After a century of back and forth with congressional laws and Supreme Court decisions, Congress finally passed in 1967 the most effective mandate for single-member districts. By then, only two states – Hawaii and New Mexico, if you must know – still had at-large elections. (This is an overview of the history of the single-member district.)

Under a strict states-rights, 10th Amendment approach to the Constitution, one could argue that Congress exceeded its enumerated powers by telling states how they had to choose their members of Congress, since the Constitution left it in the hands of the individual states. But think about the potential, in today’s highly partisanized environment, for mischief. Imagine if the two most populous states – California and Texas – changed to a system of statewide at-large elections to the U.S. House. Would blue California elect a statewide slate of Democrats to fill all 53 of its House seats (19 of which are currently occupied by Republicans)? Could Texas, which currently has 23 Republican representatives and eight Democrats, send an all-Republican delegation to Washington? That hardly seems like a step forward, but such a system clearly would have been constitutional when the ink on the Constitution was still drying.

Tilting the playing field

I doubt Texas or California could get away with it now (although who knows how far things might swing in an era of total partisan combat). But in our current system, as evolved and practiced, the parties certainly seek and often succeed in tilting the playing field.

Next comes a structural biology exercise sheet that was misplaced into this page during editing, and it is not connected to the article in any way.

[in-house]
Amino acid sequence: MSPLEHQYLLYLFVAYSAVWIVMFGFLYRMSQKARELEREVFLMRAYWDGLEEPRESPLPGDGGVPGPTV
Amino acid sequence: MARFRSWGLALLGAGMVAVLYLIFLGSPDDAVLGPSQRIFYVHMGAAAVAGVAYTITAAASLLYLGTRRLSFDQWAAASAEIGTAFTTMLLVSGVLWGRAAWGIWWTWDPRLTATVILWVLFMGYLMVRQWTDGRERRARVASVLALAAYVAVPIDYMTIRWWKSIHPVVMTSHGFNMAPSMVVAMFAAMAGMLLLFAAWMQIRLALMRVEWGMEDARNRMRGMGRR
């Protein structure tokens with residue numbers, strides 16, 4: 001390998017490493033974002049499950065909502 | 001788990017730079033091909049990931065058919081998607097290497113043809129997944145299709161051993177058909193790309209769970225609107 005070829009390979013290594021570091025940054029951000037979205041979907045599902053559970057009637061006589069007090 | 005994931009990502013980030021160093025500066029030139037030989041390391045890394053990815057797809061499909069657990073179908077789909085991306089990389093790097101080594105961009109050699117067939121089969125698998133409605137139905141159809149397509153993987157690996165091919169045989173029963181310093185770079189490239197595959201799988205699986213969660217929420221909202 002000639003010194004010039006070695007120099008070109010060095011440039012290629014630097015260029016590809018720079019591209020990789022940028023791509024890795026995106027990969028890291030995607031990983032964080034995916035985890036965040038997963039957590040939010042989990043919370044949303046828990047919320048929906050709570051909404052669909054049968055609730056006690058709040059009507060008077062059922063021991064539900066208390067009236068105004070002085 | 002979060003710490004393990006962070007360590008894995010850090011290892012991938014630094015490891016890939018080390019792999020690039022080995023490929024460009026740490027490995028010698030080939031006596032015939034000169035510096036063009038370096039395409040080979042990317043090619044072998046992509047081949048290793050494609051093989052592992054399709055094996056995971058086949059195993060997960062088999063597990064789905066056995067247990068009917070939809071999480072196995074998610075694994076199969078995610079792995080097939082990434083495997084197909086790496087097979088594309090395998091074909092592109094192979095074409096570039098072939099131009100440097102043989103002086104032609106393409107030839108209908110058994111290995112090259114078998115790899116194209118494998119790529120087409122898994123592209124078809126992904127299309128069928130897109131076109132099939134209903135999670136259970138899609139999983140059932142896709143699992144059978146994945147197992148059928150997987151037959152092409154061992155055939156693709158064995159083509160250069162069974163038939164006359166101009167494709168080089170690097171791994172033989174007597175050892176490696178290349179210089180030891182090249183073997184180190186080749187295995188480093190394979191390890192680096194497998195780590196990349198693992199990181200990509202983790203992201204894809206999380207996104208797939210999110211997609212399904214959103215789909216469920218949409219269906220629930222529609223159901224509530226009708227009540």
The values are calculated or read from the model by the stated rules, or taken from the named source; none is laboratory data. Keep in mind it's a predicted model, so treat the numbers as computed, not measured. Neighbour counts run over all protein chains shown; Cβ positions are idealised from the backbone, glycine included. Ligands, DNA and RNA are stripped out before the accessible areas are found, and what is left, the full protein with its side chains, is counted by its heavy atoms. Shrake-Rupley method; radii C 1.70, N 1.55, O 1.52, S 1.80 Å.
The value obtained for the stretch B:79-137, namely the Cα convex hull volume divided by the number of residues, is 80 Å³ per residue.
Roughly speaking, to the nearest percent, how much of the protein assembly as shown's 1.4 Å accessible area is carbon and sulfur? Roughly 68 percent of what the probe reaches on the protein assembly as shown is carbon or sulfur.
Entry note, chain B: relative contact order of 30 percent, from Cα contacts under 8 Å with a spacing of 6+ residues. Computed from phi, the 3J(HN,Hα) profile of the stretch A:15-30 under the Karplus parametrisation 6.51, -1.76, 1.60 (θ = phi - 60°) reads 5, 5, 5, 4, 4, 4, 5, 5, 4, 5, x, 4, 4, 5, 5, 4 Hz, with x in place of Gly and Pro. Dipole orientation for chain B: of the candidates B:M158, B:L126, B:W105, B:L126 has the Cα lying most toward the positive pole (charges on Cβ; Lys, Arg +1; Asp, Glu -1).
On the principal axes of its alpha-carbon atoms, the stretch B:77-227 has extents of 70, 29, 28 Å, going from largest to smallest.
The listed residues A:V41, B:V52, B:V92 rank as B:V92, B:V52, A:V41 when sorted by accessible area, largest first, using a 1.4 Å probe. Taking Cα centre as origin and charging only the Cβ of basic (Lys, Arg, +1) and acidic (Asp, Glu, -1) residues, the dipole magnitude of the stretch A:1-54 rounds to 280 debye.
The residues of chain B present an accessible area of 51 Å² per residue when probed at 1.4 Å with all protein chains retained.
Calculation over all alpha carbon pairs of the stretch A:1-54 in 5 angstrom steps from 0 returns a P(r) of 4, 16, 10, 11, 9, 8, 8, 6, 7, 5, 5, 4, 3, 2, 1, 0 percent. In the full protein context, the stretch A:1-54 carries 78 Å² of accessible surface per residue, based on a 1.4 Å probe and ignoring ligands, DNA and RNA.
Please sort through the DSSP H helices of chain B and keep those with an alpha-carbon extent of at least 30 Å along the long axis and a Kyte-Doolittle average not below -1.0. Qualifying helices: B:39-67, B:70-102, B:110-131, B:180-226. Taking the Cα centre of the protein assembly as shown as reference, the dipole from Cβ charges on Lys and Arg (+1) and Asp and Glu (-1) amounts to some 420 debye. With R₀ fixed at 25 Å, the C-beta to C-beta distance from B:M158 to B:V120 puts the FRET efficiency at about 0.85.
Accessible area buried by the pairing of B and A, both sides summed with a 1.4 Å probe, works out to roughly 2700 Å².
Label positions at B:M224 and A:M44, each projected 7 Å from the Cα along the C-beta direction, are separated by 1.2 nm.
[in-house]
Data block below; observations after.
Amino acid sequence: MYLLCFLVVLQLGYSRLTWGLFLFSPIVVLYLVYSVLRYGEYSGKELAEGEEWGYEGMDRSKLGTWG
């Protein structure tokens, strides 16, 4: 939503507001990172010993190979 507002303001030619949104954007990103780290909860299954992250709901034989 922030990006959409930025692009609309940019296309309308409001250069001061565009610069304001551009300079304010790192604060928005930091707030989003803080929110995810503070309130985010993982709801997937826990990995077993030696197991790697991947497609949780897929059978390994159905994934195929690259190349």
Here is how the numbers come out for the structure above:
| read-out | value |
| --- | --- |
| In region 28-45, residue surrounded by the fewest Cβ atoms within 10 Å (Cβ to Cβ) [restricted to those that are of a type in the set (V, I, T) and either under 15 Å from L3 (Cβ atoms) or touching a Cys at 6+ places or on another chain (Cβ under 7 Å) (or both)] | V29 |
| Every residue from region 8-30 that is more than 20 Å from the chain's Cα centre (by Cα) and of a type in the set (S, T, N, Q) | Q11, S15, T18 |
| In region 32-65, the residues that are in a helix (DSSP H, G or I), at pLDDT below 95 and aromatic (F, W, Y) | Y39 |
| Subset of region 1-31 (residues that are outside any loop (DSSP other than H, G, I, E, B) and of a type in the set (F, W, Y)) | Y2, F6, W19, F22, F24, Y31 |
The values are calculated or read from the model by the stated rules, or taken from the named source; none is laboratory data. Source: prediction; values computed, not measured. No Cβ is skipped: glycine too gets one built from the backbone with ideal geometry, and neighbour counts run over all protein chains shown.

I just mentioned that Texas currently has 23 Republican House members compared with eight Democrats. That’s a 74-26 percent split. But, although Texas is a solid red state, it isn’t as red as that. In presidential, senatorial and gubernatorial races, Republicans generally win in Texas but they don’t get 74 percent of the vote and they generally don’t break 60. The reason Republicans get a percentage of House seats that exceeds their overall support is that the party controls the decennial drawing of the House districts and uses its control to draw a map that maximizes their net haul of votes in the House.

This kind of manipulation is an unpleasant side effect of our system, as evolved, and has become more pronounced with polling and technological advances that improve a controlling party’s ability to maximize its advantage. It’s less true in California because of their tendency to elect Republican governors and not true at all in states like Minnesota which, despite being reliably blue in presidential election, have seldom in recent history had single-party control of the governorship and both houses of the Legislature. In cases like that, the House districts are drawn under relatively non-partisan court supervision.